Dunleith Redux

By Tracy Morin

Photography courtesy of Dunleith Historic Inn. Castle Restaurant photography courtesy of Mark Coffey

The Dunleith Historic Inn in Natchez may transport visitors to bygone times, but recent upgrades and renovations ensure that its features and amenities meet modern-day demands.

Anyone who has visited Natchez, Miss., knows that enchanted feeling of stepping back in time. Even in a town rife with historical buildings, few properties bring those bygone eras back to life in such a luxurious expression like the Dunleith Historic Inn.

​“Dunleith is a classic example of probably the most recognized historical architecture, Greek Revival — very stately and well-presented, from the exterior appearance to the detailing of the property,” explains Johnny Waycaster, sole proprietor of Waycaster & Associates Architect, also based in Natchez. “Dunleith is very intact, in terms of the buildings that supported the main house, and unique in the sense that it’s a downtown property set on 40 acres. It’s a destination and a wonderful example of what makes Natchez unique: classical architecture.”

Over the years, Dunleith has thrived through several re-imaginings, spurred by a few ownership changes. It transformed from a family’s private property (previously called Routhland) to a B&B in 1978. Later, in 1999, a full renovation created more of a resort feel, thanks to the addition of more guest rooms and an on-site restaurant.

​The property’s main house, which was rebuilt in 1854 after a lightning strike and encompasses the bulk of the guest rooms, abuts three outbuildings dating back to 1795. The original dairy barn now houses three additional guest rooms; the poultry house operates as a gift shop and front office; and the original stables and carriage house have been converted into The Castle Restaurant & Pub, a full-service fine-dining establishment that debuted in 2000.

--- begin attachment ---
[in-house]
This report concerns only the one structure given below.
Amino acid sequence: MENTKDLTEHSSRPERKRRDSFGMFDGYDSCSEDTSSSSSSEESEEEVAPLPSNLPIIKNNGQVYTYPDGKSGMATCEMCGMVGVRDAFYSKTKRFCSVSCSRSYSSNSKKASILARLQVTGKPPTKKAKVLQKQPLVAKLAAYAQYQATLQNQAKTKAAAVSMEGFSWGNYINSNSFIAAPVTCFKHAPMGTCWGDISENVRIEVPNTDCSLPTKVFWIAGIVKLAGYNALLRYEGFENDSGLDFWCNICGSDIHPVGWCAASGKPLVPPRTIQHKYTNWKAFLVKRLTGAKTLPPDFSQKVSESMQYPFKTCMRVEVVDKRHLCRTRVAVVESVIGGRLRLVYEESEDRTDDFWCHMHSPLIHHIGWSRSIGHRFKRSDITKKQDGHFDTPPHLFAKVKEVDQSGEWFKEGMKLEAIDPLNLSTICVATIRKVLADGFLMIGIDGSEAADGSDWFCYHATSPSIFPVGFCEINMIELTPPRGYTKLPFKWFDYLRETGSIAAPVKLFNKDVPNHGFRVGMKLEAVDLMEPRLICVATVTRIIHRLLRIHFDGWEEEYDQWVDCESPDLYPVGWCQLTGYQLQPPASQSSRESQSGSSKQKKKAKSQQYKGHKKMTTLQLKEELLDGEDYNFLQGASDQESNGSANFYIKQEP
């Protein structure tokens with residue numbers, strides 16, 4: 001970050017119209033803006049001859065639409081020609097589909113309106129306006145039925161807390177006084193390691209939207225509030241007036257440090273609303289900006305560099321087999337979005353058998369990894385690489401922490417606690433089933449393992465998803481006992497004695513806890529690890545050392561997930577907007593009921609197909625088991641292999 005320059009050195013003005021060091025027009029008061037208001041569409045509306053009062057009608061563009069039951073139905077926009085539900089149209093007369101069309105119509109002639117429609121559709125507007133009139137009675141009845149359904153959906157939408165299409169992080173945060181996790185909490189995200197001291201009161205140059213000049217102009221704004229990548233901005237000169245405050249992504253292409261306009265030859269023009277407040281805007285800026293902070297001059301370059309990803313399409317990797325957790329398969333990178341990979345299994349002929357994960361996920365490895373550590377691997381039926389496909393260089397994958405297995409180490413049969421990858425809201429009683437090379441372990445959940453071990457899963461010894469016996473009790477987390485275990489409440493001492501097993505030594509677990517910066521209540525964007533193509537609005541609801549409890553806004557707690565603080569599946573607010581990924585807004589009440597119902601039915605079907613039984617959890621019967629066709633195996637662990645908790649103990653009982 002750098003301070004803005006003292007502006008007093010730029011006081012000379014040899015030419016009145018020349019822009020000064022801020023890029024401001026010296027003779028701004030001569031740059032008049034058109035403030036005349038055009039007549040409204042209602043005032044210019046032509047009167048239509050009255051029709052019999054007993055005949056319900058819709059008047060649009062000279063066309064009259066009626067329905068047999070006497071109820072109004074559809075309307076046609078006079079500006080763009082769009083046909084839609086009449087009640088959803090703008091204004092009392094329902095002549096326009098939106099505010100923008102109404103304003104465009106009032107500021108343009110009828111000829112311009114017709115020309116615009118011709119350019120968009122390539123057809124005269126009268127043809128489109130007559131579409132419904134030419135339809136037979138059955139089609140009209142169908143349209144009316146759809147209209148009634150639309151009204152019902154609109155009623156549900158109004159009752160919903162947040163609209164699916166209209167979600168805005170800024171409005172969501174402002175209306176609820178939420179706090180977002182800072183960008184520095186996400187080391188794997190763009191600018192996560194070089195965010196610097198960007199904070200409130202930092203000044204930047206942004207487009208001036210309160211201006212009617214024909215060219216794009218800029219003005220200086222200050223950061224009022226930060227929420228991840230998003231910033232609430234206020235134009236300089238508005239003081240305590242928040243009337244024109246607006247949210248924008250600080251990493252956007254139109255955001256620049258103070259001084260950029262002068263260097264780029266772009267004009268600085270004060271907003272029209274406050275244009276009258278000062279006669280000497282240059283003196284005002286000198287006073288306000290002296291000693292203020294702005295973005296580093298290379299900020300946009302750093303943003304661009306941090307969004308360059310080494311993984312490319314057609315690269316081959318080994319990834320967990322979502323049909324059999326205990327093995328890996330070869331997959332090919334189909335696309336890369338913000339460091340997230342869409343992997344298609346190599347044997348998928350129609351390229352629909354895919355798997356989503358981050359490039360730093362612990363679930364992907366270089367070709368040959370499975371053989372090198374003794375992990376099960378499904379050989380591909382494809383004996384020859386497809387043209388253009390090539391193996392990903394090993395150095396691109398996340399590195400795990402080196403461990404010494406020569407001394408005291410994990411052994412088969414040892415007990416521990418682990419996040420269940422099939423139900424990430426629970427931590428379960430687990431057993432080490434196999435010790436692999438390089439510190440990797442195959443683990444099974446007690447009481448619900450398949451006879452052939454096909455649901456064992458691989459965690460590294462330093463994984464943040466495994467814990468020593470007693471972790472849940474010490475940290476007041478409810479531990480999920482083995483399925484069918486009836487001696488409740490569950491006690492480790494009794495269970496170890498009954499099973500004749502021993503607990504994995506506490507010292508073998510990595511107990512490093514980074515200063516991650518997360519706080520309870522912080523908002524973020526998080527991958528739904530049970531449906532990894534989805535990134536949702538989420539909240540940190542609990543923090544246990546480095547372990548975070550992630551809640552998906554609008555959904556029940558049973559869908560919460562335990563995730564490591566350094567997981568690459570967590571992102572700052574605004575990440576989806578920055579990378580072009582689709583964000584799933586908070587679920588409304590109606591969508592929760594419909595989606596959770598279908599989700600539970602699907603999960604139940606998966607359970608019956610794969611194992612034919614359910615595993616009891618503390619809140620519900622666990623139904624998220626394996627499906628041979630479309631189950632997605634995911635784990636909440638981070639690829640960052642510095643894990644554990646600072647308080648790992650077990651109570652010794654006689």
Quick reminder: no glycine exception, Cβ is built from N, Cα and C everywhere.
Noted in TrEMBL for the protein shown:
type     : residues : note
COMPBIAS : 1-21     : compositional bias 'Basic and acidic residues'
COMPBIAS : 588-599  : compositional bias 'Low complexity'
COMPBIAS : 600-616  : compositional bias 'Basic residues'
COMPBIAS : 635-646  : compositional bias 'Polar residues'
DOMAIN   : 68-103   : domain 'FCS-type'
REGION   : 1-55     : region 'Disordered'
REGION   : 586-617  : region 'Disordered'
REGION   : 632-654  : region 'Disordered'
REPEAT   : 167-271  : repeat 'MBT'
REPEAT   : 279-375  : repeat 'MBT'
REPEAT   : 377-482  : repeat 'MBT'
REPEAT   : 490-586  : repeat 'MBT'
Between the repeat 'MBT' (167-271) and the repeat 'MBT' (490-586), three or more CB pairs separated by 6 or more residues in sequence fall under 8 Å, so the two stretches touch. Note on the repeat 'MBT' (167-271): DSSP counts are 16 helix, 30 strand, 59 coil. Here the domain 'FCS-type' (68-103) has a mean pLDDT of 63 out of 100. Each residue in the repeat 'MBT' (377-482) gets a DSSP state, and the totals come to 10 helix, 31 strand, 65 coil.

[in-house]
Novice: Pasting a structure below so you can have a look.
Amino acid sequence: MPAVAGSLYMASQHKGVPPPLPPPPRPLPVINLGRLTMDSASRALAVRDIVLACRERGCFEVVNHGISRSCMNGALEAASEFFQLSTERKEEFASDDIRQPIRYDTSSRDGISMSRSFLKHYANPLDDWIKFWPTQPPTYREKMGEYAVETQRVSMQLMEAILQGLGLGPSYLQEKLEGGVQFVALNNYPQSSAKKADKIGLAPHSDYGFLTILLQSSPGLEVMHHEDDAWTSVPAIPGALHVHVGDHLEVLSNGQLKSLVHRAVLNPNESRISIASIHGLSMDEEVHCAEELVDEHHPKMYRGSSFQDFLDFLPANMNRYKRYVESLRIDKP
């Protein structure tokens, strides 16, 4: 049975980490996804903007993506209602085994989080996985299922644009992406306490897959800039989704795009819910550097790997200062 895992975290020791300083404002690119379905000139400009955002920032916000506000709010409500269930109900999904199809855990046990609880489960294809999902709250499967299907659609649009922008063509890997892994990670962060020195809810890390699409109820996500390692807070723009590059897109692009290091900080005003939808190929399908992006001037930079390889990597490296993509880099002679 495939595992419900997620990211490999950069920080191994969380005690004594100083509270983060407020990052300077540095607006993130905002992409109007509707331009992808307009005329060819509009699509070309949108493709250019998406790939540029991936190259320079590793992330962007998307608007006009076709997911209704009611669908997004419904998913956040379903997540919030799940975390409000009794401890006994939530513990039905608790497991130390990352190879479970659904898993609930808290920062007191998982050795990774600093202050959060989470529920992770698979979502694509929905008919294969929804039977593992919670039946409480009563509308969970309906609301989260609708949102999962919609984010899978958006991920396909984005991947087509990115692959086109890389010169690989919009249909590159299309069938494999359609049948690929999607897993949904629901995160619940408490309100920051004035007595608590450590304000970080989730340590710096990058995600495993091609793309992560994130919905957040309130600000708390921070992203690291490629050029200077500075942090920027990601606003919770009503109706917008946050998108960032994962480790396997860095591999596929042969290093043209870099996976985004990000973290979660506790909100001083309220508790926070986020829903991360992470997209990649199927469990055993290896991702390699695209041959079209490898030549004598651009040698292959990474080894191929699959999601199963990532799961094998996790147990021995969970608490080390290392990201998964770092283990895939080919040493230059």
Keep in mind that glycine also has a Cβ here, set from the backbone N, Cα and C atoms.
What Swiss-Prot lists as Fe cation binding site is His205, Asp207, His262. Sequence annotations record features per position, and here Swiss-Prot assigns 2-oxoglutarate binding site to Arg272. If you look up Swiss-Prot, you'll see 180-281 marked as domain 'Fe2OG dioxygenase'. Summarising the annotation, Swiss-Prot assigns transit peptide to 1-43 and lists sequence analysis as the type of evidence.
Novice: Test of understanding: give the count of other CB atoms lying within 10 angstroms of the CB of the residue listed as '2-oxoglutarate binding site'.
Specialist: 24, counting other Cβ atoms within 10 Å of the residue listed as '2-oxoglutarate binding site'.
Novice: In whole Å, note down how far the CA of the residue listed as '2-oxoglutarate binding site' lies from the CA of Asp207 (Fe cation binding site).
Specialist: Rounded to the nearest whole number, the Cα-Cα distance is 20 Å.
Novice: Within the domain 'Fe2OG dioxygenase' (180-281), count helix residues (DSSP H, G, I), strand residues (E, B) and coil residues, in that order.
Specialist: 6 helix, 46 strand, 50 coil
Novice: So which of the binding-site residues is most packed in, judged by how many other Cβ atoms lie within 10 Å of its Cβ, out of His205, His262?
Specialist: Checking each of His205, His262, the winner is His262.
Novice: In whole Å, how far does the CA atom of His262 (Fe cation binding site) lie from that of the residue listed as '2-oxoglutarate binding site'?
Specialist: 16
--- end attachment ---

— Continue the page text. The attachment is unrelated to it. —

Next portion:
However, another change of ownership in November 2019, is now ushering in a new era for the Dunleith Historic Inn. The J Collection, a New Orleans-based hotel group that oversees properties in the Big Easy and beyond, initiated another round of renovations and updates designed to maintain Dunleith’s historic charm while satisfying modern-day demands.

“As a historic inn, we offer eight guest rooms in the main house, so guests can stay in the mansion itself, which is unique,” notes Lyn Jenkins, assistant general manager at Dunleith. “And, while they’re here, they can explore the grounds, utilize every part of the main house’s first floor, eat at the restaurant, swim in the pool, and play bocce ball and croquet. There’s plenty of green space, and you don’t have to leave the property.”

With 22 rooms total and off-premise catering available, the Dunleith is understandably a very popular destination for weddings, conventions, and corporate retreats. For guests who do want to explore beyond the property’s wrought-iron fence, historic downtown Natchez is less than one mile away.

John Holyoak, general manager for the Dunleith, adds that The J Collection holds a grand vision for later expansions and upgrades — such as a one-mile walking trail and a spa on the grounds. But, since assuming ownership, the company has had its hands full with a bevy of enhancements designed to preserve the Dunleith’s historic elegance while ensuring greater guest satisfaction for years to come.

​The first step involved stabilizing infrastructure, such as installing a brand-new HVAC system, roof and gutter system, revamping floors, and fixing damage to the columns that buttress the building’s facade and lend the property its iconic stately look.